“I just really feel The Chart is really fortunate to have a man like Mr. McCaleb in its past,” Andrews said. “There is a lot that can be learned from the way he and Margaret lived their lives and the way they gave to things they believed in. To do what they did with their money says a lot about their values.”

Monicca Shanthanelson, senior biology, chemistry and pre-medicine major, visited India in December 2001 with the grant. She said she was impressed with McCaleb’s personality and dedication to the Initiative.

"He was extremely humble for a man of his intelligence," said Shanthanelson, who met the McCalebs at this year's Gockel Symposium. "I'm really thankful to him for letting me do that. The financial help was great. Not many schools have things like this.

"He was a great man, and I'm really glad I got to meet him. It was an honor."

Amanda Tweten, senior general studies major, traveled to Boston with the Initiative in the summer of 2001. She said she believes the Initiative gives students a great opportunity, and is a valuable service to the College.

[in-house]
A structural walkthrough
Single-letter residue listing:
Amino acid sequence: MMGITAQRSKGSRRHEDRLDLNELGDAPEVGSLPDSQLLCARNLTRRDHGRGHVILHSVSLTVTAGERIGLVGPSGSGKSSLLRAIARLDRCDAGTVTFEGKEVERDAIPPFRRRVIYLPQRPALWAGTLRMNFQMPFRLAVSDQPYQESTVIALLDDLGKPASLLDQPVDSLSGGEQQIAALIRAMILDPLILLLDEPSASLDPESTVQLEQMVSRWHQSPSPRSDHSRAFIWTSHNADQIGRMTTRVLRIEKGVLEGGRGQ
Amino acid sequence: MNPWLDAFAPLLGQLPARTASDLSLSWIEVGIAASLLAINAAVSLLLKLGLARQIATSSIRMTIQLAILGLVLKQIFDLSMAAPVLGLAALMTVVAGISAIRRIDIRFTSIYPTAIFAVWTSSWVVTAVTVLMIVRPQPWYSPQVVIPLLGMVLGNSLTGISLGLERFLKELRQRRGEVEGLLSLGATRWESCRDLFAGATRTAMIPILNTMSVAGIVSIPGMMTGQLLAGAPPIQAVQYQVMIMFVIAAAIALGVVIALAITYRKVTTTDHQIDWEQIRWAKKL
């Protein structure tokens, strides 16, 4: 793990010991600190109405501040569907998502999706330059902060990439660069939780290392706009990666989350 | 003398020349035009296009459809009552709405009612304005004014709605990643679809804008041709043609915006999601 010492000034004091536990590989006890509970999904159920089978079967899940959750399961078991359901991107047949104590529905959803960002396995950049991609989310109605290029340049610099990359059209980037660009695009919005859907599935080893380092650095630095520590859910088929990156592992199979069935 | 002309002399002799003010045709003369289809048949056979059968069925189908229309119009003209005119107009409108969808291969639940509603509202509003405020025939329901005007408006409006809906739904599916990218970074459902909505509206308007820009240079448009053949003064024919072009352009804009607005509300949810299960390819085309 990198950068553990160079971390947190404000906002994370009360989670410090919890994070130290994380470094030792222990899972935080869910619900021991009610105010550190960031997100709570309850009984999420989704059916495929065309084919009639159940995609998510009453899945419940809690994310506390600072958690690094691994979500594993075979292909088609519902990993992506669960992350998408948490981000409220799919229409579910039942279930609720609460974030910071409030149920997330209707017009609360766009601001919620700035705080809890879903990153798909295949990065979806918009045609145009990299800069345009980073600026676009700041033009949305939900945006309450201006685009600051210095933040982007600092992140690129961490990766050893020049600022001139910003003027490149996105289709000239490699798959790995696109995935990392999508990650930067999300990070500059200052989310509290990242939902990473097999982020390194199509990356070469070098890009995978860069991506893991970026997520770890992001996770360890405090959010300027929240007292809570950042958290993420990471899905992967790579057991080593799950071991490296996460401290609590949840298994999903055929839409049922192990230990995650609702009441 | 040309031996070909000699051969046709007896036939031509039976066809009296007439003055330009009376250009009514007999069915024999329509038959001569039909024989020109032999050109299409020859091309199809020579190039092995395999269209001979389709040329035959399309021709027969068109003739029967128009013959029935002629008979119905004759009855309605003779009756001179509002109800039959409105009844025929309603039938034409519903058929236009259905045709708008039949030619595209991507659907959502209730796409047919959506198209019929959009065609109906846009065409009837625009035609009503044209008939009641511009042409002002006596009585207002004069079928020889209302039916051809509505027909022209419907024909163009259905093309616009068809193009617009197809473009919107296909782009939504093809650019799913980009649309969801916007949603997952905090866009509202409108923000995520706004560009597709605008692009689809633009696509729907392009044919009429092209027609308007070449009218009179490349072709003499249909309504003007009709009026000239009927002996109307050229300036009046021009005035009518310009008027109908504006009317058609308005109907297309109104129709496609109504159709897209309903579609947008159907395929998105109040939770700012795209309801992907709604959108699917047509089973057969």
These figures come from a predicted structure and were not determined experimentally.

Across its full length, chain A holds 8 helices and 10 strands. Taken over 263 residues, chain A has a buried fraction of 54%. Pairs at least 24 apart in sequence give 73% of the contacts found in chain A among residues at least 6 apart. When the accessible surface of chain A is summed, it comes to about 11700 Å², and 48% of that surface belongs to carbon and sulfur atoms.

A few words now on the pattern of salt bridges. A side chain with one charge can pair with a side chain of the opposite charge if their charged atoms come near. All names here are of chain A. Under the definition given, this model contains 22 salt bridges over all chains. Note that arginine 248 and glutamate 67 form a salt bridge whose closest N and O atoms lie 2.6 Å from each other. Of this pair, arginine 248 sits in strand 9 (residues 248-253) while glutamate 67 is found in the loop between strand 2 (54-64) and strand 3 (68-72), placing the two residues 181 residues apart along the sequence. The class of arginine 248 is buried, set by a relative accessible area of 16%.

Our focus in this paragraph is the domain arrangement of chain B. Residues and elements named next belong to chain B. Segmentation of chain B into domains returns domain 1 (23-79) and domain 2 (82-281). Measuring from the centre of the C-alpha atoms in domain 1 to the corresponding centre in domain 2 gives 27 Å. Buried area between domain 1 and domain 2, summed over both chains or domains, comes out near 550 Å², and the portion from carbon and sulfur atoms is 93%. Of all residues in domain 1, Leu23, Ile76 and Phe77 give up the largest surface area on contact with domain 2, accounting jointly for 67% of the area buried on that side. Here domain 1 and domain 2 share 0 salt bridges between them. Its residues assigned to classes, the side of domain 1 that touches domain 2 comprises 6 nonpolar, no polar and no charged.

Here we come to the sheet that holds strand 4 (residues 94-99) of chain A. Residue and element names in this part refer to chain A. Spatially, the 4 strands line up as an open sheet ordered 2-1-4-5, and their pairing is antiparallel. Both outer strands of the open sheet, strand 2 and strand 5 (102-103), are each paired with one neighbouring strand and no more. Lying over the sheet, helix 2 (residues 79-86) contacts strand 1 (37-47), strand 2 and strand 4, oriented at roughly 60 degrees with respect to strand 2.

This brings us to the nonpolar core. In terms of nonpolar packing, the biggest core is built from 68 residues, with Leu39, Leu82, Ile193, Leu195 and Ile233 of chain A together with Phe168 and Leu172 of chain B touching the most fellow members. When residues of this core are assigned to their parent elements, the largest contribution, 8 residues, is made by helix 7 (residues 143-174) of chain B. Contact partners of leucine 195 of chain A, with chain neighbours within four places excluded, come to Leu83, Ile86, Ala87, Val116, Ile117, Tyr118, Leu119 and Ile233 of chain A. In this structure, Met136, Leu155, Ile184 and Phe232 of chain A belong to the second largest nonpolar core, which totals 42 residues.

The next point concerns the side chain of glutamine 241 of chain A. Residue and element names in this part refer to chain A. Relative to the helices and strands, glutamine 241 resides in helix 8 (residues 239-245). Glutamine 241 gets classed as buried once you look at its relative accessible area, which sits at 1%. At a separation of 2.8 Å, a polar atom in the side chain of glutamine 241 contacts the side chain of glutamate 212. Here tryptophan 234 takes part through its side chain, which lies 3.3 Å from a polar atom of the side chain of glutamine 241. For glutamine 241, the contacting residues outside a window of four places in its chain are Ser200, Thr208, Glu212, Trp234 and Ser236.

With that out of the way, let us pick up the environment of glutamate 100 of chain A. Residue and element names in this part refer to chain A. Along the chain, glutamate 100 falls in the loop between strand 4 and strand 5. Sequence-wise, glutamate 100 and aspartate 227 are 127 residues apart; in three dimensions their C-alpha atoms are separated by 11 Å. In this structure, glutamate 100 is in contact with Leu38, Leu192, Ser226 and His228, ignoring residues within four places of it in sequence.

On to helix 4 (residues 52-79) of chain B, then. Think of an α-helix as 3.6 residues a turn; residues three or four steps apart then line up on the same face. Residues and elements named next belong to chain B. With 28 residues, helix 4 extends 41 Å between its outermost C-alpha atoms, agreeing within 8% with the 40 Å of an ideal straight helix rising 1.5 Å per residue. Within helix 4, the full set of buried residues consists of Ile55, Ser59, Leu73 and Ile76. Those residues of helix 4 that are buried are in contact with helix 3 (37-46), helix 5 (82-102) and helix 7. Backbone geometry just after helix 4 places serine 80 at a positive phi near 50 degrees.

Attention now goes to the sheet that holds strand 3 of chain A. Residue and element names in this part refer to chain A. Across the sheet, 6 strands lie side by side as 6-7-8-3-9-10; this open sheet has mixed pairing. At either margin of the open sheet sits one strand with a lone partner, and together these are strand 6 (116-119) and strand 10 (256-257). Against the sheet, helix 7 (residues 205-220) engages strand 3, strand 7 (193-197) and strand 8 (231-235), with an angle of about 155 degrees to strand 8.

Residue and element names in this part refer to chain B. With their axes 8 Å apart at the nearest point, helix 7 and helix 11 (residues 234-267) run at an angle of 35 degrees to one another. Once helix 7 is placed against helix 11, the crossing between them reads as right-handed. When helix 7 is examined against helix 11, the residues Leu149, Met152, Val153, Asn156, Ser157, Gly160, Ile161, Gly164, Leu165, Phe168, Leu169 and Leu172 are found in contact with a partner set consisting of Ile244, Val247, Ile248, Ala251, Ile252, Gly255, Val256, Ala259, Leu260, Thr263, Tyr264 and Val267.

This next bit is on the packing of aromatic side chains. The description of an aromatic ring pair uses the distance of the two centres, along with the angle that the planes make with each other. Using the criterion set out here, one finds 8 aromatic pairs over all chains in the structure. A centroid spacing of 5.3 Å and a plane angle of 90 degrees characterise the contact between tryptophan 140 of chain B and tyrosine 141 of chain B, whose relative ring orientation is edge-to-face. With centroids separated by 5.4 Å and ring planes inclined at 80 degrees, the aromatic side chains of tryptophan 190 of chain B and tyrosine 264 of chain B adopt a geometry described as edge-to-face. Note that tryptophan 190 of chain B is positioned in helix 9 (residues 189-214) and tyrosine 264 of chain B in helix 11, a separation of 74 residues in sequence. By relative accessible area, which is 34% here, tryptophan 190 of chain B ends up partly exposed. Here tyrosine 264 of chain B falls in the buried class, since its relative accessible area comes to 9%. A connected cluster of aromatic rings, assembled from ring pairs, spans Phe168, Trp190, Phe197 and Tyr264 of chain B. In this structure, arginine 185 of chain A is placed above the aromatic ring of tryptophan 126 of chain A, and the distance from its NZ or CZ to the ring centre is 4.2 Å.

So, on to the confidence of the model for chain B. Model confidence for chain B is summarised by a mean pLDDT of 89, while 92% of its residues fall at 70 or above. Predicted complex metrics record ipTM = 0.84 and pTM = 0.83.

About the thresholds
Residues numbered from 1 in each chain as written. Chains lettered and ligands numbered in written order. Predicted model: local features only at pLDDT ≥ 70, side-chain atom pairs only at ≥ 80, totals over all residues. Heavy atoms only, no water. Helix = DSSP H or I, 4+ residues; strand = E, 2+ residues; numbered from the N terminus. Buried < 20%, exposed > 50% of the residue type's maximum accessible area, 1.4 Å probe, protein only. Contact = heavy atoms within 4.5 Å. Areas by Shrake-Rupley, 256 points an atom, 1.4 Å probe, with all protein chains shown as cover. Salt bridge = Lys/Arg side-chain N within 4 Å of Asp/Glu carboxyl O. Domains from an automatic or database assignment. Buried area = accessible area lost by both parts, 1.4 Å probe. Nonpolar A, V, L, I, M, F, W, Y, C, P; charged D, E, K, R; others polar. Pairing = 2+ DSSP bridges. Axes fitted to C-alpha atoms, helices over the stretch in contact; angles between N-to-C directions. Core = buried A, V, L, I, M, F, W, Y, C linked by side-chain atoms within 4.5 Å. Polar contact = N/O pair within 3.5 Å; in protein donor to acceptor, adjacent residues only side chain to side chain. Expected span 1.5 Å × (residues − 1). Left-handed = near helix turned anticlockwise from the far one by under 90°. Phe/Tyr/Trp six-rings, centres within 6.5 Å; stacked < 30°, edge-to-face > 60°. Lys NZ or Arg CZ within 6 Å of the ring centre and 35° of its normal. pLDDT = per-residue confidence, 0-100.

"I think the idea behind the scholarship is a good one," she said. "It gives students an awesome opportunity to do an in-depth study on something that interests them. Who wouldn't want an opportunity like that?"

Tweten said she believes the Initiative gives Southern an advantage over other institutions of higher learning.

"I've never seen anything quite like this scholarship at any other institution," she said. "For the most part, the scholarship does provide students pretty free reign to do or study whatever they want."